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North Dakota wages down for first time in a decade

BISMARCK -- The average annual wage in North Dakota fell for the first time in a decade and the total annual wage fell for the first time since, at least, 1990. Largely due to the drop in average wages in North Dakota's oil counties, the total an...

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BISMARCK -- The average annual wage in North Dakota fell for the first time in a decade and the total annual wage fell for the first time since, at least, 1990.

Largely due to the drop in average wages in North Dakota’s oil counties, the total annual wage decreased 2 percent statewide in 2015 to about $22 billion in total wages, according to North Dakota Job Service data.

Williams County still maintained the highest average wages in the state, slipping from $82,813 in 2014 to $77,663. Oil industry wages in the county slipped 2.3 percent from $106,932 on average in 2014 to $104,451 in 2015.

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After rising 20.4 percent from 2013 to about $1.6 billion total wages in 2014, oil and gas extraction wages in Williams County dipped 26.4 percent from 2014 to 2015, bottoming out at about $1.2 billion in total annual wages. This decrease was in line with the reported decrease in average annual employment by the industry.

Other large total wage drops took place in Williams County’s wholesale trade and transportation and warehousing. There were larger percentages in wage increases for utility companies and government workers.

Total wages for all industries in the county decreased 18.6 percent. The average annual wage decreased 6.2 percent.

McKenzie County total oil and gas wages were down about 12 percent after several years of large increases. Average annual wages for the industry were down 2 percent.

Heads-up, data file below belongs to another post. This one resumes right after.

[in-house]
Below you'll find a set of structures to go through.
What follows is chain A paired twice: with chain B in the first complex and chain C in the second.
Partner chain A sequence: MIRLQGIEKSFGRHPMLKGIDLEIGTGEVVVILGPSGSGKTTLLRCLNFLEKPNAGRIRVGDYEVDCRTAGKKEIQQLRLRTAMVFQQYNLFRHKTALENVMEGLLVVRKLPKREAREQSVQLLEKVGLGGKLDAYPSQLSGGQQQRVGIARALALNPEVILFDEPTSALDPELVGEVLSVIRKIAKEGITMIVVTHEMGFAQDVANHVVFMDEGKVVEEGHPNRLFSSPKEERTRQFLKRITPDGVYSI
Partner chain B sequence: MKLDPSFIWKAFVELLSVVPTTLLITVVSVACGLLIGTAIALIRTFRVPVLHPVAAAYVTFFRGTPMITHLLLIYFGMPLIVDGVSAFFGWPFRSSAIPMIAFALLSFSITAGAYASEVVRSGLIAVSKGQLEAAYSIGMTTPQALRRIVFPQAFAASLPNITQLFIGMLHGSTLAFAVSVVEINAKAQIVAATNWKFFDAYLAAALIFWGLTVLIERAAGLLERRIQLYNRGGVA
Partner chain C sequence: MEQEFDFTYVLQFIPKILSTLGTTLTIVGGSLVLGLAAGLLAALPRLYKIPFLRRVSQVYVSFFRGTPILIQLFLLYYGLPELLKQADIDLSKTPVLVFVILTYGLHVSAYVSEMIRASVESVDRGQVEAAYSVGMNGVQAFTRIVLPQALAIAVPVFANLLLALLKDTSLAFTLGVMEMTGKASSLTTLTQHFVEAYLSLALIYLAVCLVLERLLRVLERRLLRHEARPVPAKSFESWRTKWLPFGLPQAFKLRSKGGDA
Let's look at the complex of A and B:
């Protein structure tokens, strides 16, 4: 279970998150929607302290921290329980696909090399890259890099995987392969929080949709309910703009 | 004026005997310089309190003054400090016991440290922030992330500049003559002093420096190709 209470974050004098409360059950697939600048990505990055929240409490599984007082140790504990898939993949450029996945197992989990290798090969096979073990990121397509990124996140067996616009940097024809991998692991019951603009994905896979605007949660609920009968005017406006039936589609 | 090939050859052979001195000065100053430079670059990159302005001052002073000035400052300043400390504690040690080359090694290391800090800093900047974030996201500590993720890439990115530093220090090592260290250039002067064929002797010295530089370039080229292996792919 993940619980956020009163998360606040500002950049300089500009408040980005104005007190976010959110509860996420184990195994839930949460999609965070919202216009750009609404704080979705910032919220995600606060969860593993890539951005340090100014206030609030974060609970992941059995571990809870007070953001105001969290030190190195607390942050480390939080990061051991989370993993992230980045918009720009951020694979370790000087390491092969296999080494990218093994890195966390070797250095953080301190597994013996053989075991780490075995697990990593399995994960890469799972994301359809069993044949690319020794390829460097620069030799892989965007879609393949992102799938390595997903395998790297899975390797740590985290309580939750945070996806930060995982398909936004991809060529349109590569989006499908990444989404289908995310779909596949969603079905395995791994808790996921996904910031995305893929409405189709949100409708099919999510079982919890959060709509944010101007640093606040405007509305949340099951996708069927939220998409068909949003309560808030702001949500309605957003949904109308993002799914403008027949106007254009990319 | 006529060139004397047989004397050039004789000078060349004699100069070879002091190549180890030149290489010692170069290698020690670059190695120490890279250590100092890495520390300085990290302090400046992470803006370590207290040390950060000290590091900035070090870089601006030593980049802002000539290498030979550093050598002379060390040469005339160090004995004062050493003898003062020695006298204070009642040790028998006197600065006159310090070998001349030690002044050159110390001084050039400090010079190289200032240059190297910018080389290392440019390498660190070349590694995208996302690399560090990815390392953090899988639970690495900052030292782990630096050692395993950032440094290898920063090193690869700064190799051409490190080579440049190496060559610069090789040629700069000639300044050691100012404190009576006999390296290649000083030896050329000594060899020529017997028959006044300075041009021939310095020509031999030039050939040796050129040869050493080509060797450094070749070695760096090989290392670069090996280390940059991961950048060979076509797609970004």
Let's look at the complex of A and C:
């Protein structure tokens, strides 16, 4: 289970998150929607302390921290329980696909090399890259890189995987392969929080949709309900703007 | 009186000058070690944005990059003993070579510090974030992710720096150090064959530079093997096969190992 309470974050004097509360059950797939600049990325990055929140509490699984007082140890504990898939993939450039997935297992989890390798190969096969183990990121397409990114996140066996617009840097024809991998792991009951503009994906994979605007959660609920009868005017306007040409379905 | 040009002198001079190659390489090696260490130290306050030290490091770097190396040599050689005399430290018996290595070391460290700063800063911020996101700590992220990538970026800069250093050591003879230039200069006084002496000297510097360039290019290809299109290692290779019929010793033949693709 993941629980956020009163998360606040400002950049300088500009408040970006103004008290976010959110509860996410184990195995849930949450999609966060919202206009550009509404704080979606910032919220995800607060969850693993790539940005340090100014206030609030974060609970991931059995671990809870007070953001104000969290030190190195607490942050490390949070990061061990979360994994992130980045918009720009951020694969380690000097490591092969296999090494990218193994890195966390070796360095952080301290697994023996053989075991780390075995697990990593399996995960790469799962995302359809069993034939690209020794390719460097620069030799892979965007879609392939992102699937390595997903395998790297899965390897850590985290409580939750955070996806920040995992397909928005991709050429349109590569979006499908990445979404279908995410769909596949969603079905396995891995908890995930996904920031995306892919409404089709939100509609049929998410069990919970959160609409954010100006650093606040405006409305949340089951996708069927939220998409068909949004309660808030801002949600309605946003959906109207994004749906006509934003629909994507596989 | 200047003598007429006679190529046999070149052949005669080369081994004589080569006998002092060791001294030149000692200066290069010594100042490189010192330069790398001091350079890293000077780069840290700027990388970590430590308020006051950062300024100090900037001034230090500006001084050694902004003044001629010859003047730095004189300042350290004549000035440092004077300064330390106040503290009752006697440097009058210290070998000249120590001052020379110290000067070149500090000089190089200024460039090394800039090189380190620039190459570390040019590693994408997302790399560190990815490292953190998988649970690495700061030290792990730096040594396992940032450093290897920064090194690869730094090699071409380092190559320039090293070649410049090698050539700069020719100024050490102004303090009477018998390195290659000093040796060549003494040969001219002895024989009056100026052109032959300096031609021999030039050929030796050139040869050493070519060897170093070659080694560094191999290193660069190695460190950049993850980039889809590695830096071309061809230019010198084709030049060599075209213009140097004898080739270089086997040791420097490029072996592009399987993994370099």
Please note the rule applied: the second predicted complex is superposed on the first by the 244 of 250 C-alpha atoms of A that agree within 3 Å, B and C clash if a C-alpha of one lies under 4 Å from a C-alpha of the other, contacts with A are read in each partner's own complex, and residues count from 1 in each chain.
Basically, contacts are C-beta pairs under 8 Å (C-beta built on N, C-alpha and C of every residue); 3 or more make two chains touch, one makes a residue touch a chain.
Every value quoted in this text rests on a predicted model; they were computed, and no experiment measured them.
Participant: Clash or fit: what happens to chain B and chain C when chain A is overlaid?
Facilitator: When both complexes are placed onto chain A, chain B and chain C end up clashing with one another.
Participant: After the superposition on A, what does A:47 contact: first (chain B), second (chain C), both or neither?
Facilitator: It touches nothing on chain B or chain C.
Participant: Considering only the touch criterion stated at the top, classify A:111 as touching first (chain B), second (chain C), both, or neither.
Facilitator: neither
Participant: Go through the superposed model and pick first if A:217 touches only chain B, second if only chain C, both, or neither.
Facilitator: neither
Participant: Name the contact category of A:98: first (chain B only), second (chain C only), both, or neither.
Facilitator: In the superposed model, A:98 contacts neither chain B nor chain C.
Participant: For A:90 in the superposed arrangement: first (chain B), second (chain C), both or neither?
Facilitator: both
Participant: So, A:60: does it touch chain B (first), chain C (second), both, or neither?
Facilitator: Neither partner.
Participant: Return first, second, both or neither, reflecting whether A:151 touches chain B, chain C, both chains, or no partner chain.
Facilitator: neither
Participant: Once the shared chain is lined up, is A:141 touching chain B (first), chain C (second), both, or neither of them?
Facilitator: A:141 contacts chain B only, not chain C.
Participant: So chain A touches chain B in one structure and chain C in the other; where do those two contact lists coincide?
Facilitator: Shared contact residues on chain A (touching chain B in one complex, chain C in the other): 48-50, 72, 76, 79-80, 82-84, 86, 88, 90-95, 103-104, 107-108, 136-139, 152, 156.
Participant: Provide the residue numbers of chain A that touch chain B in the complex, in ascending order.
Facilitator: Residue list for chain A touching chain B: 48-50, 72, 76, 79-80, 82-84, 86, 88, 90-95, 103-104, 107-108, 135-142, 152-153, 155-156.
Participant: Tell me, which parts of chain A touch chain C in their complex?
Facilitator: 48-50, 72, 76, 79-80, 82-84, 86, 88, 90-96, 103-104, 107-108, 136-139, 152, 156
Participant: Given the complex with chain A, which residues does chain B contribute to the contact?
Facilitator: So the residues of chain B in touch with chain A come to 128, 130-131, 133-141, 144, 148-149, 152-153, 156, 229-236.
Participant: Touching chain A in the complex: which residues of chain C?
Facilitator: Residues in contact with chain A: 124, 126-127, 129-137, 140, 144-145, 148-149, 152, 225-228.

Transportation and warehousing total wages also were down, by about 17 percent. But total wages in the county were only down 6.7 percent and average annual wages were down 1.7 percent.

Average annual wages also decreased in the oil counties of Dunn, Slope, Mountrail and Stark, as well as in Benson, Billings, Bottineau, Burke, Golden Valley and Renville counties.

In coal country, wages were on the rise.

Oliver County, which had the fifth highest average wages in 2014, jumped to second place in 2015 with average wages of $76,712.

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Wages data for mining and utilities was suppressed in Oliver County. According to Job Service, data cannot be displayed if the number of employers in an industry’s published geographic area are less than three, or if one employer comprises 80 percent or more of an industry’s total employment.

Mercer County, home to three coal mines and four power plants and Dakota Gasification Co.’s lignite gasification plant, saw average wages increase from $62,741 in 2014 to $67,113. The county had the highest percentage increase in average annual wages for all industries, up 7 percent.

The mining industry’s average annual wage in Mercer County was $102,368. The average weekly wage for the industry was up 3.6 percent but average annual employment and total wages were down 11 percent and 8 percent respectively.

Burleigh and Morton counties also both saw wage growth, with average annually wage increases of 3.3 percent and 1.9 percent respectively.

The real estate industry had the largest growth in Burleigh County, with total wages up 50 percent and average weekly wages up 40.8 percent. The average annual wage in the county was $49,171.

Manufacturing drove the growth in Morton County. Both total annual wages and average weekly wages were up more than 20 percent in the county from 2014 to 2015. The average annual wage for all industries was $44,557.

 

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